Random Women in Horror #12: Ida Lupino

Trailblazer Ida Lupino was to moody, suspenseful film noirs and taut thrillers in the 40’s and 50’s, as Jamie Lee Curtis was to slashers throughout the 80s. Born in 1918 and beginning her acting career in the 30s, Lupino starred in many noirs and thrillers such as They Drive By Night, The Hard Way and On Dangerous Ground. She eventually went on to become a pioneering figure amongst women behind the camera in cinema. She was the first American woman to ever direct a film noir (The Hitch-Hiker) and her other feature directorial offerings, such as Outrage and The Bigamist, were concerned with such shocking social issues as rape and bigamy. No mean feat considering she was making films in a post Hayes Code Hollywood.

While her directorial offerings can’t really be described as straight ‘horror’, they still contain moments fraught with suspense, violence and unsettling moodiness and she dabbled in hard boiled noirs and gritty B-movies. The Hitch-Hiker, one of Lupino’s most significant films, is about a couple of pals heading off to Mexico on a fishing trip who pick up a sinister hitchhiker along the way. Turns out, the mysterious stranger is a psychotic serial killer who casually reveals to the men in the car that he’s going to kill them when they reach their destination. In his book ‘Hollywood Directors’, writer Richard Koszarski praised Lupino’s film work, claiming “Her films display the obsessions and consistencies of a true auteur... Lupino was able to reduce the male to the same sort of dangerous, irrational force that women represented in most male-directed examples of Hollywood film noir.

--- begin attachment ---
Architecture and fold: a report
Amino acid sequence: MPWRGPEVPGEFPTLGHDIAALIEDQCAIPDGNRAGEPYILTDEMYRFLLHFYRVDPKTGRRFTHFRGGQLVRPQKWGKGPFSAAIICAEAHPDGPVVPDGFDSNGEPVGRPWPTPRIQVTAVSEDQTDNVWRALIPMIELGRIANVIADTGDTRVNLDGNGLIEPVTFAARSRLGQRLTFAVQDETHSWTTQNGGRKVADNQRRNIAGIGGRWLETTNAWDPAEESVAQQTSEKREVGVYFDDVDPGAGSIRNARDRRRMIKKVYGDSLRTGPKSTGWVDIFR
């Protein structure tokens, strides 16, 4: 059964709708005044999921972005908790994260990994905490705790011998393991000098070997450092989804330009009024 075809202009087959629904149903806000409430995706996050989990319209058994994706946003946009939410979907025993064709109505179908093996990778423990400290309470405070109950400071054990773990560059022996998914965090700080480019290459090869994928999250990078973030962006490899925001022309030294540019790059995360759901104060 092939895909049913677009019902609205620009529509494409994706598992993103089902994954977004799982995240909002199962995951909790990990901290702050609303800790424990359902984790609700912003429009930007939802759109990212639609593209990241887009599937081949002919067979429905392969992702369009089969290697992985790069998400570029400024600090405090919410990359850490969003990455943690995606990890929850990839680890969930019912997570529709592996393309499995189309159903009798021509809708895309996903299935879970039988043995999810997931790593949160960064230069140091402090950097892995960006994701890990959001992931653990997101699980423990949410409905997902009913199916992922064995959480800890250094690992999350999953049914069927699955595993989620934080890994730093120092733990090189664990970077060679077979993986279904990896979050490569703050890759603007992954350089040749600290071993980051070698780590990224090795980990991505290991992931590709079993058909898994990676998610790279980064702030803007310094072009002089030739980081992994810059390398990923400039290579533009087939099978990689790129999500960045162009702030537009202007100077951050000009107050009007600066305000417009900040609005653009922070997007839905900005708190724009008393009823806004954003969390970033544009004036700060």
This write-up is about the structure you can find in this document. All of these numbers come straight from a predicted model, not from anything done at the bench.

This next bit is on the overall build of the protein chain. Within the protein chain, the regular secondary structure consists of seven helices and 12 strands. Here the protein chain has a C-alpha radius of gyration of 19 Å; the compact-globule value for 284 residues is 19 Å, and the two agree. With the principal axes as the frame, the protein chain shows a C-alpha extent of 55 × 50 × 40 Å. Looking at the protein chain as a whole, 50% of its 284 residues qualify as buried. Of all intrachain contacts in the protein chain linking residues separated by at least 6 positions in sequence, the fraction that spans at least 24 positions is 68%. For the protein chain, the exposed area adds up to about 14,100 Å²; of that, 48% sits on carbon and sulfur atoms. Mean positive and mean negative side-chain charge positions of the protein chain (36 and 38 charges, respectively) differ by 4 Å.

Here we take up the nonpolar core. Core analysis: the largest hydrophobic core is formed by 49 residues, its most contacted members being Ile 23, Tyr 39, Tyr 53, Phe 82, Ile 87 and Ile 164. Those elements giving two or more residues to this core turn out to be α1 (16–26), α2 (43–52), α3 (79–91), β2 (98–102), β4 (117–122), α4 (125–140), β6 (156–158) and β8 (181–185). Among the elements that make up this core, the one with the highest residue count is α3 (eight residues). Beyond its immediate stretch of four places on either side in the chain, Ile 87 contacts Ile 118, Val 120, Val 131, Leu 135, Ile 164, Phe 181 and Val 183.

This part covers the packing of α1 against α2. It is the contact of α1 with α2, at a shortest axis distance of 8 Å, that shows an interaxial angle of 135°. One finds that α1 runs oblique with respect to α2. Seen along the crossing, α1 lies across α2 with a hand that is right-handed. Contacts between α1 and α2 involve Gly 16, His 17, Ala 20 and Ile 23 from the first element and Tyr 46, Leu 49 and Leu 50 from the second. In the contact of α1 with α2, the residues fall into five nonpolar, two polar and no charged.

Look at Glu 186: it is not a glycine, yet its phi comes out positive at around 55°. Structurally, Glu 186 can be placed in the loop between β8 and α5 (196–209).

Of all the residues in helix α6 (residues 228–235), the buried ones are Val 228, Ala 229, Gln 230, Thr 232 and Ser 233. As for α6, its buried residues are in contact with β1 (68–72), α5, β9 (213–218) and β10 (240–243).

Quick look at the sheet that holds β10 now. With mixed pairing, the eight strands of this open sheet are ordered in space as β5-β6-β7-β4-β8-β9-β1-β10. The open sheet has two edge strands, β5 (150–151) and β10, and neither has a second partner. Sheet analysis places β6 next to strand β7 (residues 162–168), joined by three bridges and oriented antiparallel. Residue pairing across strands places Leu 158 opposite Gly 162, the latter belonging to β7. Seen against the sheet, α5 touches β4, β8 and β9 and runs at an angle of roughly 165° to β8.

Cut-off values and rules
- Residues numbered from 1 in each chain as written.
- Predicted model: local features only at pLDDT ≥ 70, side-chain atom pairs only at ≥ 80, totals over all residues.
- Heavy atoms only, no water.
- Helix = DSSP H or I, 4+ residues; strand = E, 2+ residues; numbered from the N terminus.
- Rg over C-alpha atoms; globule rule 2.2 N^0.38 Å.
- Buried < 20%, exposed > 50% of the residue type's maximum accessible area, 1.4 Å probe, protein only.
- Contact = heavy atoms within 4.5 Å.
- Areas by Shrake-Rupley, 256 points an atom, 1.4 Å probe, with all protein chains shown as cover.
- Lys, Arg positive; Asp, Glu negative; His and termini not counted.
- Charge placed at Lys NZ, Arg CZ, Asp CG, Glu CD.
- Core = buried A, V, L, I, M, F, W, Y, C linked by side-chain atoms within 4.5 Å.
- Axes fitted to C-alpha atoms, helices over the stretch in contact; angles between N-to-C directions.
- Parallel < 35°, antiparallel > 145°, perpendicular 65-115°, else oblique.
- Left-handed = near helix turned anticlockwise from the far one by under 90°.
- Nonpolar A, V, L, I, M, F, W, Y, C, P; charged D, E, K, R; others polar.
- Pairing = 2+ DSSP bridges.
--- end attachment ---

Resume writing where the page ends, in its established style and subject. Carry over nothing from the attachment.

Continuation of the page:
Her later directing career mainly consisted of TV work, but much of this was also genre based. She directed episodes for series such as Alfred Hitchcock Presents, Thriller, The Fugitive, Colombo and she was the first woman to ever direct an episode of The Twilight Zone.

Lupino’s episode of The Twilight Zone, The Masks, was part of the fourth series of the show. It revolves around the tale of a selfish family gathering at the house of their ailing patriarch for a reading of his will. One of the stipulations of his will is that the family wear creepy masks that reflect their inner corruption. When it comes time to take the masks off, well, I’m sure you can guess that the story doesn’t end well…

Carrie Rickey wrote an article for the Village Voice, ‘Reel Women’ and in it she praised Lupino as a 'model of feminist moviemaking', stating “Not only did Lupino take control of production, direction and screenplay, but each of her movies addresses the brutal repercussions of sexuality, independence, and dependence.”

Lupino passed away in 1995 but her legacy, and her contribution to cinema remains, marking her as a highly daring, thoughtful and innovative filmmaker.


Cody said…
Oh, I love her!

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